Wonderful high points from this class for me: - Very generous analysis of one critical scene in At Home in the World - super gripping and a good scaffolding of how the scene works - Lovely and generous live critiques of her students’ work - first sentences shown on a projected screen. Maynard does a great job procuring from the students why the information is important, what the material means, how they can stretch themselves as writers. - Helping the students to identify a theme that runs throughout their stories is very actionable and is certainly something I took away from this class as I could see how one susses it out from an ordinary paragraph full of sequential events and other information. - The way Maynard shows how she categorized themes for her memoir The Best of Us was an excellent tactical show-and-tell. The pricepoint for the class, roughly $150, seems more than fair given the material, the rare and intimate looks Maynard offers on her own writing and the coaching she does for several writers in various stages of memoir writing. The course contains 25 live lessons — that’s just over $5/lesson with a master teacher. The added benefit of being able to rewatch the videos makes CreativeLive such an excellent venue and I am considering purchasing Maynard’s Personal Essay course next.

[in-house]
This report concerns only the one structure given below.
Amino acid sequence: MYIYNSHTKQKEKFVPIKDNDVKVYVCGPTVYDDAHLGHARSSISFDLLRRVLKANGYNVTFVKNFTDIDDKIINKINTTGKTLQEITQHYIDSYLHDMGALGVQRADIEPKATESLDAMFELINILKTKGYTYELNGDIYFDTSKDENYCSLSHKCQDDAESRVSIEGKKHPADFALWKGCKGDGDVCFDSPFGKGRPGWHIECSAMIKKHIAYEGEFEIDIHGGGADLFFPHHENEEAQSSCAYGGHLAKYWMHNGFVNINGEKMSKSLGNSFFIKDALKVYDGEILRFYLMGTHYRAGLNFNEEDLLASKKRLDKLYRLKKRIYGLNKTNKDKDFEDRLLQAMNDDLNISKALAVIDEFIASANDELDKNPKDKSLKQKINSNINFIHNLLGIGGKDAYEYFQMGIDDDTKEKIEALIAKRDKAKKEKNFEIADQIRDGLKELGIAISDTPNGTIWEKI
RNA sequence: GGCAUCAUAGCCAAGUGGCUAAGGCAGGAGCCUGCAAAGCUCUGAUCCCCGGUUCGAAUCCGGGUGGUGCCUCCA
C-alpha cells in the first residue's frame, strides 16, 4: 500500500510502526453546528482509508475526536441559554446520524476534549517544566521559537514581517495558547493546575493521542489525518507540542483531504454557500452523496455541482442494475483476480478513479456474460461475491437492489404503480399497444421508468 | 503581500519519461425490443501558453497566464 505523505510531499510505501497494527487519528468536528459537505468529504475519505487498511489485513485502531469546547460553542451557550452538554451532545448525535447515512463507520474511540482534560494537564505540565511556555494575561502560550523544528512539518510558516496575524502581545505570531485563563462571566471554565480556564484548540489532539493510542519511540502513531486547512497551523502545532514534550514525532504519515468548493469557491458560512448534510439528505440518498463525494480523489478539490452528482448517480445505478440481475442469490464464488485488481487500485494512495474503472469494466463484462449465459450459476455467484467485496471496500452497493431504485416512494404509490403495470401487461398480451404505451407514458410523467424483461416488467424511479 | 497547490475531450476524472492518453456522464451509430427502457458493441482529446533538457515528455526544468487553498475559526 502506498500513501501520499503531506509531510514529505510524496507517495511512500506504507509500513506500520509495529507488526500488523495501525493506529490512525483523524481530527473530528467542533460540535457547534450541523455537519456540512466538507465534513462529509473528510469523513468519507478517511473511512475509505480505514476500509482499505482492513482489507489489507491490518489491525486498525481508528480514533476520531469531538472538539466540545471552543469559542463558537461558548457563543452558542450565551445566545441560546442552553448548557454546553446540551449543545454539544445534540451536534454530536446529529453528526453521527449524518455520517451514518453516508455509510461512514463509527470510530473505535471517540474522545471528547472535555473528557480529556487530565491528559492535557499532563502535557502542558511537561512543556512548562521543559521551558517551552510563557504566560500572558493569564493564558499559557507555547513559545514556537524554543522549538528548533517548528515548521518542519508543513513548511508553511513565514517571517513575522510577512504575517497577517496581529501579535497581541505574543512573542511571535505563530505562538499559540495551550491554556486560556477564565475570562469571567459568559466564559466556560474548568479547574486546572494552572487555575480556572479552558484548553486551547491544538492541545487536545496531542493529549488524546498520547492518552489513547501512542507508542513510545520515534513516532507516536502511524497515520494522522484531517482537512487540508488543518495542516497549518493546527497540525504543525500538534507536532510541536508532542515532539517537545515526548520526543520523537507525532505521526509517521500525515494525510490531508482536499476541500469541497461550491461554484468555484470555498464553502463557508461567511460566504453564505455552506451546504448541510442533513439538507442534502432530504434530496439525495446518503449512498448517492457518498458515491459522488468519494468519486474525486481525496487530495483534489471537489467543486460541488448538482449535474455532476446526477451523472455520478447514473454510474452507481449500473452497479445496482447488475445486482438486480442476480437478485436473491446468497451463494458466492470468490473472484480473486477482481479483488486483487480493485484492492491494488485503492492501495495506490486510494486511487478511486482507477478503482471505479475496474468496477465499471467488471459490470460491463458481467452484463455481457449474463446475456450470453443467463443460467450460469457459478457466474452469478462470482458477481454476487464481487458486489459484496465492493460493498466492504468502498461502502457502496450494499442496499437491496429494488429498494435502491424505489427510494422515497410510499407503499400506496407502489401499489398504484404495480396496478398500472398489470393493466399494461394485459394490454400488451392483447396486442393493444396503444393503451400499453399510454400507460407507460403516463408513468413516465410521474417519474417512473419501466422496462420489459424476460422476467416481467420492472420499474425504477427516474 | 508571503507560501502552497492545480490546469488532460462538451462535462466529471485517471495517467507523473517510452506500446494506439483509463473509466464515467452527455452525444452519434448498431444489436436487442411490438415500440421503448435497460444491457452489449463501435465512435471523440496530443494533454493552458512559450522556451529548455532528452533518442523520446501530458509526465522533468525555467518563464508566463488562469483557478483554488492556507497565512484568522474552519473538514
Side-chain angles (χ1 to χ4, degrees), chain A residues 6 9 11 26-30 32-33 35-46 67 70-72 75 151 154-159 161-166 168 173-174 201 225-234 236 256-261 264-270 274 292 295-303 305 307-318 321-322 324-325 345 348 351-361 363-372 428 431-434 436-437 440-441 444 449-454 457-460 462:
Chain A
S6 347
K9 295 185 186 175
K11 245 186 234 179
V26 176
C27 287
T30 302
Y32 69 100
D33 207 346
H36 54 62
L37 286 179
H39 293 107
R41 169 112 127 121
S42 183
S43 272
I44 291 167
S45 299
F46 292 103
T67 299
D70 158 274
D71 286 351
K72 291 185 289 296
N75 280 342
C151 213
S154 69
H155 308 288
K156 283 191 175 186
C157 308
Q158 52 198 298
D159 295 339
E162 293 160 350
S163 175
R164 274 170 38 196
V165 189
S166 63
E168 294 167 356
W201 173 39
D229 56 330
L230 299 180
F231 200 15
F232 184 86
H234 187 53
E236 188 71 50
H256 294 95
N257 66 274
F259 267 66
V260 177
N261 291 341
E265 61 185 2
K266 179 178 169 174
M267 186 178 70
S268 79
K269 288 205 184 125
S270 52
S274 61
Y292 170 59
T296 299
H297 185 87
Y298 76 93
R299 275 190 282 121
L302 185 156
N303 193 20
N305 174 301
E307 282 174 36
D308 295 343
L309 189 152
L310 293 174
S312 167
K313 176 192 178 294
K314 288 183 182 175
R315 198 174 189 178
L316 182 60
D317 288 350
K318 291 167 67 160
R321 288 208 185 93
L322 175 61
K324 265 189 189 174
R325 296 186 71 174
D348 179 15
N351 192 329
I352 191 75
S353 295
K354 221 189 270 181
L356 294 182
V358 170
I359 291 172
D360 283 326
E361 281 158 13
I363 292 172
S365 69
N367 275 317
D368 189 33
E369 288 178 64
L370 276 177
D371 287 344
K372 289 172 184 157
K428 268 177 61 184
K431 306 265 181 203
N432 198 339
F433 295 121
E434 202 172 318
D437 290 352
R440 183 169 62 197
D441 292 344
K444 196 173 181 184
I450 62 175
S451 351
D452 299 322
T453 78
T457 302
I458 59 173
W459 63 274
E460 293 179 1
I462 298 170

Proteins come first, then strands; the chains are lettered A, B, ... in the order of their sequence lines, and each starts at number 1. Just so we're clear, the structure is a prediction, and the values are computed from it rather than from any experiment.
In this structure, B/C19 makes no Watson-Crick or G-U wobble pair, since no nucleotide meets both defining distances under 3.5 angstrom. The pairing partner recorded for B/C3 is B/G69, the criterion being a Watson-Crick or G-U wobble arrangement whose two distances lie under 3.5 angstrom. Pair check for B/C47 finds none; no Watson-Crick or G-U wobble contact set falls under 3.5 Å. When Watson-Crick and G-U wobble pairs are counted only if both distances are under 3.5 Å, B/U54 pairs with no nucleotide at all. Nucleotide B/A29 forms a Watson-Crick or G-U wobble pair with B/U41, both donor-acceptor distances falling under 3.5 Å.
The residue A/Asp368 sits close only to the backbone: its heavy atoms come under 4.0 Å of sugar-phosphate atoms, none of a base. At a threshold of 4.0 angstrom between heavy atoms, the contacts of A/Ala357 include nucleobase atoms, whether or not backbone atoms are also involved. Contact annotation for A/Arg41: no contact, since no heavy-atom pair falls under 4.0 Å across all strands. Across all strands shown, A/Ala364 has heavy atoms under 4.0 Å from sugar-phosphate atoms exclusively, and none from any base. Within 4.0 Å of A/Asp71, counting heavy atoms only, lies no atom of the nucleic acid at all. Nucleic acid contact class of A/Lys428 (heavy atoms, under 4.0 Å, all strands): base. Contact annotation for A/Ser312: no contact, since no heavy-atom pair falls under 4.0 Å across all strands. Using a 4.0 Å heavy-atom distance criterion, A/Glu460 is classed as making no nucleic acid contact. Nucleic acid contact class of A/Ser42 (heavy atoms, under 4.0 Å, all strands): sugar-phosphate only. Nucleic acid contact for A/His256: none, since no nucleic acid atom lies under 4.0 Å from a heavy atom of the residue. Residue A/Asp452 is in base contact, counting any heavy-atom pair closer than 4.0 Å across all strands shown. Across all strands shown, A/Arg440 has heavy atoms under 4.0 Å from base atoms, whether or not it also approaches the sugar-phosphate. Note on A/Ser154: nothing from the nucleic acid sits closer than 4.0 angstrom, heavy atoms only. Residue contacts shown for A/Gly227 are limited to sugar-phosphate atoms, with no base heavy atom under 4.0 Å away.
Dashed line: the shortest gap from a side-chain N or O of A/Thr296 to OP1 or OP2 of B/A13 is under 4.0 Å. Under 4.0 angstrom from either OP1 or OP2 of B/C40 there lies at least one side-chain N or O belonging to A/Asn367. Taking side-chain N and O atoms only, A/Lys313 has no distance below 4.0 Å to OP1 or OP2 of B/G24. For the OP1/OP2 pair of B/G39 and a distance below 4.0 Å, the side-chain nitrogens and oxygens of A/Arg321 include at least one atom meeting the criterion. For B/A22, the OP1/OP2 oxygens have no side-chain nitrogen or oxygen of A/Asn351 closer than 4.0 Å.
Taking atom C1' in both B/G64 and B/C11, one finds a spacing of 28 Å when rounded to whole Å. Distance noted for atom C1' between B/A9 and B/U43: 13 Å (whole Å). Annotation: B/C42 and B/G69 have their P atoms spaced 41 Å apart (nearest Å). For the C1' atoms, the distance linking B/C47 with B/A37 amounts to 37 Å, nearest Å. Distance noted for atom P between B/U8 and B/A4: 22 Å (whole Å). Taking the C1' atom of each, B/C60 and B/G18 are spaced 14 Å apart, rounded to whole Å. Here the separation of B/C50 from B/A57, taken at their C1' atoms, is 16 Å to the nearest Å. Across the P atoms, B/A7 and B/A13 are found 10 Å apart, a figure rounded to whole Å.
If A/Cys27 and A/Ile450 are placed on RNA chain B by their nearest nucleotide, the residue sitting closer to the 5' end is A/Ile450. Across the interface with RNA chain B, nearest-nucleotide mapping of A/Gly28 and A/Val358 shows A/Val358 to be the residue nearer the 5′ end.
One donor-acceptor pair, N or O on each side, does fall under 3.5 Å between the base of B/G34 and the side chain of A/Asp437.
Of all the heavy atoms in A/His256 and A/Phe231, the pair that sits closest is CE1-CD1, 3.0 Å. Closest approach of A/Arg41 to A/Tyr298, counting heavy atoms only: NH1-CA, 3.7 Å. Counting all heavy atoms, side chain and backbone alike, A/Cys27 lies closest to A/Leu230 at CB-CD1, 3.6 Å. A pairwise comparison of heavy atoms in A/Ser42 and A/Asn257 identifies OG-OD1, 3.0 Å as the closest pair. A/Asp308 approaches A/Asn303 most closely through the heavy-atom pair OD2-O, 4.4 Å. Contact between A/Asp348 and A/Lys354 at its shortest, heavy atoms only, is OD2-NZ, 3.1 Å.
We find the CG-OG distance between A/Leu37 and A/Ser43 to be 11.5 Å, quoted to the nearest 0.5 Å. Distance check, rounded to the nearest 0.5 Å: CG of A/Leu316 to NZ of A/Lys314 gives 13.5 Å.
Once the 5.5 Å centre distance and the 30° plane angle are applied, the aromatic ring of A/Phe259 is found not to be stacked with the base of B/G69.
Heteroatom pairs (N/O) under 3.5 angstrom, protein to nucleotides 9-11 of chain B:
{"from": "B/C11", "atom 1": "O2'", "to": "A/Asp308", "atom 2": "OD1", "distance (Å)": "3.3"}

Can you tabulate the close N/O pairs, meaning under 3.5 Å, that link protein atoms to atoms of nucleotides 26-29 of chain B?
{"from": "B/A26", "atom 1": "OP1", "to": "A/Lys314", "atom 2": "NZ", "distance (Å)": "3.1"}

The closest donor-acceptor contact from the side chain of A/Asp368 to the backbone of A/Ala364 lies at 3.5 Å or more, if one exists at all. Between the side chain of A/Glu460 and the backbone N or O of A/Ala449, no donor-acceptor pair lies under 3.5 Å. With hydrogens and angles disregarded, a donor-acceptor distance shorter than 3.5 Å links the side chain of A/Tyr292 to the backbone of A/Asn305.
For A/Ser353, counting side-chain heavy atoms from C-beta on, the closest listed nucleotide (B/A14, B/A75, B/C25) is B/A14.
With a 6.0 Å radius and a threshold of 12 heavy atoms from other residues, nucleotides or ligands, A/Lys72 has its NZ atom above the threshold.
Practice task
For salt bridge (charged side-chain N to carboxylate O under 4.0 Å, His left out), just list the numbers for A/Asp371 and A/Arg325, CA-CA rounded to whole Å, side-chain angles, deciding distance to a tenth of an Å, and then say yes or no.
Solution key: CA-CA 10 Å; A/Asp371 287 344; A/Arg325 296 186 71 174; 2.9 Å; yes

Kati Nagy
 

This was an excellent course on so many levels. Joyce's way of imparting her knowledge with such verve and humor really captivated all of us. Ii was so thrilled to work with her one-on-one and the way she helped me develop my story via her whiteboard really helped me see how I can get started on it. She is truly inspiring and I loved her insights and guidelines.

Deb Boone
 

Joyce does a great job of helping you understand how to narrow your story down to key moments and to think about meaningful details to include (and which to leave out). She also shares examples from her own body of work and that of writers she admires, so you get a chance to see what a polished final essay can look like.